Artificial Intelligence: Use Of AI To Monitor Construction Progress

October 19, 2020 | Artificial Intelligence, News

AI and image recognition software help construction sites in Europe flag errors or delays.

Buildots launched in 2018 to turn construction sites into digitized environments using computer vision and artificial intelligence (AI). Projects are ever-expanding and often just a handful of managers are responsible for their supervision. A small error or delay can jeopardize the critical path for the project to complete on time and within cost. However, Buildots’ technology can help manage all that complexity and detail. (MIT Technology Review)

High stakes

According to McKinsey, the construction industry loses $1.6 trillion annually to on-site mismanagement. The most plausible reason – it’s humanly impossible to control the sheer volume of data on a large construction site – something is bound to fall between the cracks and not be noticed until it’s too late.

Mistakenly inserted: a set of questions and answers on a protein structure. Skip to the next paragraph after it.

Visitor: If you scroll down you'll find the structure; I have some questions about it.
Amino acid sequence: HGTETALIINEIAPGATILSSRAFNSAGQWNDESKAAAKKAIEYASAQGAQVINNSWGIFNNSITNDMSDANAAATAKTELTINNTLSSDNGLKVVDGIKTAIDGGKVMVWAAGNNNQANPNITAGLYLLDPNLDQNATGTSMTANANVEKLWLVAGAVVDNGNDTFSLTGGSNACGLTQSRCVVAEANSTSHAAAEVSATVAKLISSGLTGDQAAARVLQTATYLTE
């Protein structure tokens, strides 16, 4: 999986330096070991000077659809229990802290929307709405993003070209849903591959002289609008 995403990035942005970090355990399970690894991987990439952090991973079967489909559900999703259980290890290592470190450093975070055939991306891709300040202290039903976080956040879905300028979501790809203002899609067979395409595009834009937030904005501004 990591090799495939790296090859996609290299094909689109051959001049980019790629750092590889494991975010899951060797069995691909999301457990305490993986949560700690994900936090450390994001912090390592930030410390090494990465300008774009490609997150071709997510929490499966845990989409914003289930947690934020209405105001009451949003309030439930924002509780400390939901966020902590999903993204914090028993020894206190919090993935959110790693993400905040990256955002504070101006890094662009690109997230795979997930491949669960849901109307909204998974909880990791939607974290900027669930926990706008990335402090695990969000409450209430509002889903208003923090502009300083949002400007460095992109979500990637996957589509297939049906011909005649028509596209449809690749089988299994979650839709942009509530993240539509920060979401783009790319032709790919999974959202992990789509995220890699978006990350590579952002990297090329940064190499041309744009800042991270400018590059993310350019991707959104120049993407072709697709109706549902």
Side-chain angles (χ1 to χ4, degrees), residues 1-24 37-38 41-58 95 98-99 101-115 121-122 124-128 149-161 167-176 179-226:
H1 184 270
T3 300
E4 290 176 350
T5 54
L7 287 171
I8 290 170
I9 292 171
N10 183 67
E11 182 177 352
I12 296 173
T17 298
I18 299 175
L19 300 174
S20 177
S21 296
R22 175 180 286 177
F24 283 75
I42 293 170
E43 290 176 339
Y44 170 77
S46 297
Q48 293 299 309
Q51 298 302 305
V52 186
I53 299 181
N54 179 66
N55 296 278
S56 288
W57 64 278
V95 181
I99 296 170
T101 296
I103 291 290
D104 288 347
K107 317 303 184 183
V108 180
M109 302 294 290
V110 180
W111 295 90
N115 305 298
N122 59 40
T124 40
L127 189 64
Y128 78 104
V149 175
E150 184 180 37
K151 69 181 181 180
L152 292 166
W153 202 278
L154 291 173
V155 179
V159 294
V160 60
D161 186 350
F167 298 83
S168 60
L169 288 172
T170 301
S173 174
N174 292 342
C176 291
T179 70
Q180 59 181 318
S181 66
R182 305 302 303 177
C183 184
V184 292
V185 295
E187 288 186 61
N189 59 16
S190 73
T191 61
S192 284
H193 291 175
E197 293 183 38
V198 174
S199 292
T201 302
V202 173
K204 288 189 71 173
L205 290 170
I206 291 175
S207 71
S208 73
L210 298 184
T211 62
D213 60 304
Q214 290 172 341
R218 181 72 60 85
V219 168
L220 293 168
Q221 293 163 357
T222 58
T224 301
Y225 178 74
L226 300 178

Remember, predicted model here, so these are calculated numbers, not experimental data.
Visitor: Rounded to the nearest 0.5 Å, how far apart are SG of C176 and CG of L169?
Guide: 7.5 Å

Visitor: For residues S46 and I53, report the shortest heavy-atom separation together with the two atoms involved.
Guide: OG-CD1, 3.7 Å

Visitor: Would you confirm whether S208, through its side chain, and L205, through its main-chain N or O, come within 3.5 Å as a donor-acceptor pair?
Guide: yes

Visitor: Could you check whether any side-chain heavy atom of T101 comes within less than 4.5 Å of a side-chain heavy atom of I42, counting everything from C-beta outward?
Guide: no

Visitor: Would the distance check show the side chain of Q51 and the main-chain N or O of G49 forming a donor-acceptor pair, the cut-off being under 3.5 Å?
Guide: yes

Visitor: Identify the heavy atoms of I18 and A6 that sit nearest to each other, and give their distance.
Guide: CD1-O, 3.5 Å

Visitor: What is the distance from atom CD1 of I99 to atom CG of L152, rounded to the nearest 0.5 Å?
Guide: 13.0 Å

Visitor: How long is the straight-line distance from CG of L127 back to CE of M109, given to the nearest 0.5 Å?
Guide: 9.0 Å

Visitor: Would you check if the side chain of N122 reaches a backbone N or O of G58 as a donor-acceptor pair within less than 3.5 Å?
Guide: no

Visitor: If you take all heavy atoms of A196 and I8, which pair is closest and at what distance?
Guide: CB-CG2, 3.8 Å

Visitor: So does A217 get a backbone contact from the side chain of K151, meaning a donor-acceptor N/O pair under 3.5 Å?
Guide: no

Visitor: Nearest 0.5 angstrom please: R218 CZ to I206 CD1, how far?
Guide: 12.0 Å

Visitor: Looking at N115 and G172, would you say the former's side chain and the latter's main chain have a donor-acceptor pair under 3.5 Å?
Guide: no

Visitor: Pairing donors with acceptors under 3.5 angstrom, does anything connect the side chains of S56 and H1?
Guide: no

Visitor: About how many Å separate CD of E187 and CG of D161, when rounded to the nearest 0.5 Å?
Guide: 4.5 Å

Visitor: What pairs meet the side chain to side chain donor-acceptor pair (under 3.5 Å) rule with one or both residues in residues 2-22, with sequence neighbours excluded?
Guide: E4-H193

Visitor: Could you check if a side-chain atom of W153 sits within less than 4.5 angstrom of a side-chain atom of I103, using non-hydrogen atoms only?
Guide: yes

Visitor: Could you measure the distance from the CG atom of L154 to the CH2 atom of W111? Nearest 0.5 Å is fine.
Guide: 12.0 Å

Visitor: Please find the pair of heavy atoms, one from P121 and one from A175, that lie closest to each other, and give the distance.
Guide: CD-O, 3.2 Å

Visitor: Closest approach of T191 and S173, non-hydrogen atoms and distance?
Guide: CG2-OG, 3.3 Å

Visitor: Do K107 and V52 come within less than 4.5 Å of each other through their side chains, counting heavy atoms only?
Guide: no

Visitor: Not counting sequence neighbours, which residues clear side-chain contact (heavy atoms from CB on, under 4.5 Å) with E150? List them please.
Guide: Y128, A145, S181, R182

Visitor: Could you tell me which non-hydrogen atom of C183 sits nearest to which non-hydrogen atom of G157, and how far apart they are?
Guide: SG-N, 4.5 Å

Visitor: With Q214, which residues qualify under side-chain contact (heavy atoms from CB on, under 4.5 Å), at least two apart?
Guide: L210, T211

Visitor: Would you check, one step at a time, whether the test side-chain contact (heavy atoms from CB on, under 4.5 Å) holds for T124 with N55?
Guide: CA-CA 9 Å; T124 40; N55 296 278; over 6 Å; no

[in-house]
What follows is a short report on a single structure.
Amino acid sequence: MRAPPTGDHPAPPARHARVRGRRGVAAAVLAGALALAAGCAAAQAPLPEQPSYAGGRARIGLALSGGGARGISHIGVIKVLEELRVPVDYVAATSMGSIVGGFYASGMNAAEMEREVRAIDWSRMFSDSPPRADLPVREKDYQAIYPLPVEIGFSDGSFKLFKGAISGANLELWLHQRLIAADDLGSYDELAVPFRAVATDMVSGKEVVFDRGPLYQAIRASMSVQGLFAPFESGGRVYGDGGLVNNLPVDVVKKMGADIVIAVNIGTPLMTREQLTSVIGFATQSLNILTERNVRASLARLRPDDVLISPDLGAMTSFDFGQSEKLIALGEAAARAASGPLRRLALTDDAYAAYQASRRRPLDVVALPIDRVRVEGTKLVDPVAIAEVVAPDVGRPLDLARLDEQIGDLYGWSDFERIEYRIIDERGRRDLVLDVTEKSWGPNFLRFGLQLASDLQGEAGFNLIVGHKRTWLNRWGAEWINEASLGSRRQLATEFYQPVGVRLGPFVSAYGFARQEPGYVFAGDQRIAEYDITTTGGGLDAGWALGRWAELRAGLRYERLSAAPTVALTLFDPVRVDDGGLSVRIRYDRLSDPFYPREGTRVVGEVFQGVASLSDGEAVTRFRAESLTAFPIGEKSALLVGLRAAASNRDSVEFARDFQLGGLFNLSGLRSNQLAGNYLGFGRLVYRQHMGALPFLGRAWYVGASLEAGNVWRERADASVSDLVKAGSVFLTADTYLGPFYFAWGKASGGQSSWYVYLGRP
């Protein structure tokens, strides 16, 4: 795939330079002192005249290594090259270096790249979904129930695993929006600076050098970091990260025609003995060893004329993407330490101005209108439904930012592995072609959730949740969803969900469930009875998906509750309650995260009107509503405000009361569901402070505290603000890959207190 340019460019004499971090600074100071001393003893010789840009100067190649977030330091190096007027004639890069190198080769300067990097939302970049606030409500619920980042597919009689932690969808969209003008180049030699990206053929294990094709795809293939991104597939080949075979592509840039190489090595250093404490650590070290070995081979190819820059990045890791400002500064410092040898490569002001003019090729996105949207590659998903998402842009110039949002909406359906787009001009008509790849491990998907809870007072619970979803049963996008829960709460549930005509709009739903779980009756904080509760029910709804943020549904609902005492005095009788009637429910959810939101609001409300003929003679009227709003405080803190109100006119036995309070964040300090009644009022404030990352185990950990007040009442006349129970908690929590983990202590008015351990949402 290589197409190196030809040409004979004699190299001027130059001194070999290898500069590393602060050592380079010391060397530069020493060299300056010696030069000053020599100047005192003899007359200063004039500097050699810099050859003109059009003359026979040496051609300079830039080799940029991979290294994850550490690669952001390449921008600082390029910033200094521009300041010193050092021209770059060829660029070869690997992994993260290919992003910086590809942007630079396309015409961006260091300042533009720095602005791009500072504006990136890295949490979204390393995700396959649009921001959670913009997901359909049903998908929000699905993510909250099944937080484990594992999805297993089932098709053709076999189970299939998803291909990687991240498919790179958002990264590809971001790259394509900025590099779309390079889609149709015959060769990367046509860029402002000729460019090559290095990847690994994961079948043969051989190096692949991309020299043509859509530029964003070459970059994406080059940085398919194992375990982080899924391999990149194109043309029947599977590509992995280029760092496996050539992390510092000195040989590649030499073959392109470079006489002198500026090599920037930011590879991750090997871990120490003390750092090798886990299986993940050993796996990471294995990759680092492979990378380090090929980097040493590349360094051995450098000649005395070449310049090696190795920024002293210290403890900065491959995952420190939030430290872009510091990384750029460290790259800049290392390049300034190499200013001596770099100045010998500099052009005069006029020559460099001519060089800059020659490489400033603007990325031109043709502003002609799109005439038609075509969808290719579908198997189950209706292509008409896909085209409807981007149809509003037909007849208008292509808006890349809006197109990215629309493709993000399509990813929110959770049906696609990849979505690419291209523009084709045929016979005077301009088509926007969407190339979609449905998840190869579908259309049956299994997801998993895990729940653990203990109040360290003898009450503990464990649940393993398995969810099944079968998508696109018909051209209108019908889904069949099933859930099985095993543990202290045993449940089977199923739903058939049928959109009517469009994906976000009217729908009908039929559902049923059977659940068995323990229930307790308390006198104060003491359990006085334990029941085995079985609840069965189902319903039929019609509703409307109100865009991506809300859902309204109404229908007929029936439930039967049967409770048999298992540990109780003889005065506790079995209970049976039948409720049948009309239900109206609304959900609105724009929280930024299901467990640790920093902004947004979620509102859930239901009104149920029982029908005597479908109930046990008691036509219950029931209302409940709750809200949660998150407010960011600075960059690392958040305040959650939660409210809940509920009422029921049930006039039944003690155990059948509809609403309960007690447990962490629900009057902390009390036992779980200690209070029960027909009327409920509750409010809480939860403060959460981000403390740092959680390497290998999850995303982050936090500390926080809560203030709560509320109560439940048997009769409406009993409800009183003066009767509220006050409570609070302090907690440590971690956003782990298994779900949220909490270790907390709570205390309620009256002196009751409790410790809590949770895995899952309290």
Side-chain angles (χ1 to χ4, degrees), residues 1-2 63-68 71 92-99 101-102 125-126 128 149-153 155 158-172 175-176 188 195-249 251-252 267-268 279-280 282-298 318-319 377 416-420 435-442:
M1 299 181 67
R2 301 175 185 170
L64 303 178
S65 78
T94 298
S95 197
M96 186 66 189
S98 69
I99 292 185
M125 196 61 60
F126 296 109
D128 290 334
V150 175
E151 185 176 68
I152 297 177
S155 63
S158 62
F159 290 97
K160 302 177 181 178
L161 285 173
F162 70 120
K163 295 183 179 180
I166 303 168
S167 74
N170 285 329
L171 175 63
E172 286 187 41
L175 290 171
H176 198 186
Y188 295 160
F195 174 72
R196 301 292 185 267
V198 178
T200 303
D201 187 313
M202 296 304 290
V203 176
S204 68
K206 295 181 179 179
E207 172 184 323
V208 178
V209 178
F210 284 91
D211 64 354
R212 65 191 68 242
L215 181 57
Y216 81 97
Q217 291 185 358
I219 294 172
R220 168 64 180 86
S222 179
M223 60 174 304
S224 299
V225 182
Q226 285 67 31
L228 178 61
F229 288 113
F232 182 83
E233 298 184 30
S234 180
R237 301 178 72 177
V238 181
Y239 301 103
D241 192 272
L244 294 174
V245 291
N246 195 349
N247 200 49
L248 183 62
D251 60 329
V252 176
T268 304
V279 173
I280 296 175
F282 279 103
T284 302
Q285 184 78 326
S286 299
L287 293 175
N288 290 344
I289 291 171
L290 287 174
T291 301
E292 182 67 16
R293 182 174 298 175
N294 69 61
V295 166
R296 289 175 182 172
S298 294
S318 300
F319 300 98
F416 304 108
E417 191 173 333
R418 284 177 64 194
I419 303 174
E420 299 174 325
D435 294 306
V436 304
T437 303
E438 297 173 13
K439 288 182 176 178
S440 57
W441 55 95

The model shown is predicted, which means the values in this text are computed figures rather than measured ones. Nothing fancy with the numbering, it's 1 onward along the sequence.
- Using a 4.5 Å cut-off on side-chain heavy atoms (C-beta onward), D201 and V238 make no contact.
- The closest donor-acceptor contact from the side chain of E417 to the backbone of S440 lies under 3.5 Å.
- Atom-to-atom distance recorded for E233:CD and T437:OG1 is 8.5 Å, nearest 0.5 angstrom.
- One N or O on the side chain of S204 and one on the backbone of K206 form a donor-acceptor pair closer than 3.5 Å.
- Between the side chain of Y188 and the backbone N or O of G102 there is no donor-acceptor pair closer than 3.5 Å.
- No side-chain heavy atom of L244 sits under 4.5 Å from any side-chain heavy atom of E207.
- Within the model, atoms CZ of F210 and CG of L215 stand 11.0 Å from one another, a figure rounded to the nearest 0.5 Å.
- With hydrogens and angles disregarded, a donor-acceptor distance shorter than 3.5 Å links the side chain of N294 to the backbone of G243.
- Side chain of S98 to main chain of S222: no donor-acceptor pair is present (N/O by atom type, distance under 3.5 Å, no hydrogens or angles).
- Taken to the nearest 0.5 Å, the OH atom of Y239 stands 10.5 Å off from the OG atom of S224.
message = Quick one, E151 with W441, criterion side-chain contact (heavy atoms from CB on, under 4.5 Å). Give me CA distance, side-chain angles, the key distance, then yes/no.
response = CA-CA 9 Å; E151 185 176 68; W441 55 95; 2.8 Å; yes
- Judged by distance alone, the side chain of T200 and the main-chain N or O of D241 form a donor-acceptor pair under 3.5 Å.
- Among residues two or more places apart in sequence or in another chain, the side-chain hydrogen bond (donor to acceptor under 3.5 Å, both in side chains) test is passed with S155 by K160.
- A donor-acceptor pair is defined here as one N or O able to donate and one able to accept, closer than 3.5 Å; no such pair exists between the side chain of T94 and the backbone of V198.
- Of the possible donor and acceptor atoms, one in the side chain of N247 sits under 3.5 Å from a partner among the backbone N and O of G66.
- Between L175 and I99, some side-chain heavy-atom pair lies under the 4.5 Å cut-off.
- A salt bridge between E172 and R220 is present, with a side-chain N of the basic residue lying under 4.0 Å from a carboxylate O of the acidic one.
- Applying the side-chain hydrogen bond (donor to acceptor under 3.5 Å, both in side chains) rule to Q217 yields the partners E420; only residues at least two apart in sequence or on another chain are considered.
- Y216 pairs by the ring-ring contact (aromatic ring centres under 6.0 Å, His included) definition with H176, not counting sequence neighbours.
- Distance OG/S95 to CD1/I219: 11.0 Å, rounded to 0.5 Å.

Buildots, a British-Israeli startup, was inspired by the way many high tech factories used AI to finetune their processes. Why not for construction?

The firm developed an image recognition system to analyze video footage and automatically throw up areas needing attention.

How it works

The construction managers need to upload the most recent construction schedule and designs into the platform.

Buildots thereafter automatically analyses and maps all files. It then produces a detailed digital construction program that the system will henceforth track.

Buildots installs GoPro cameras on the hard hats of workers and managers that capture details of the site as they walk around it.

The company’s proprietary algorithms automatically analyze all these video feeds and pinpoint the current status of each activity. The algos juxtapose this alongside the target completion schedule to highlight the differences.

According to Roy Danon, founder and CEO, the Buildots system can monitor the status of as many as 150,000 objects several times a week.

UK construction giant Wates is using the platform at some of its sites already.

“It captures data without the need to walk the site with spreadsheets or schedules,” says Glen Roberts, operations director at Wates.

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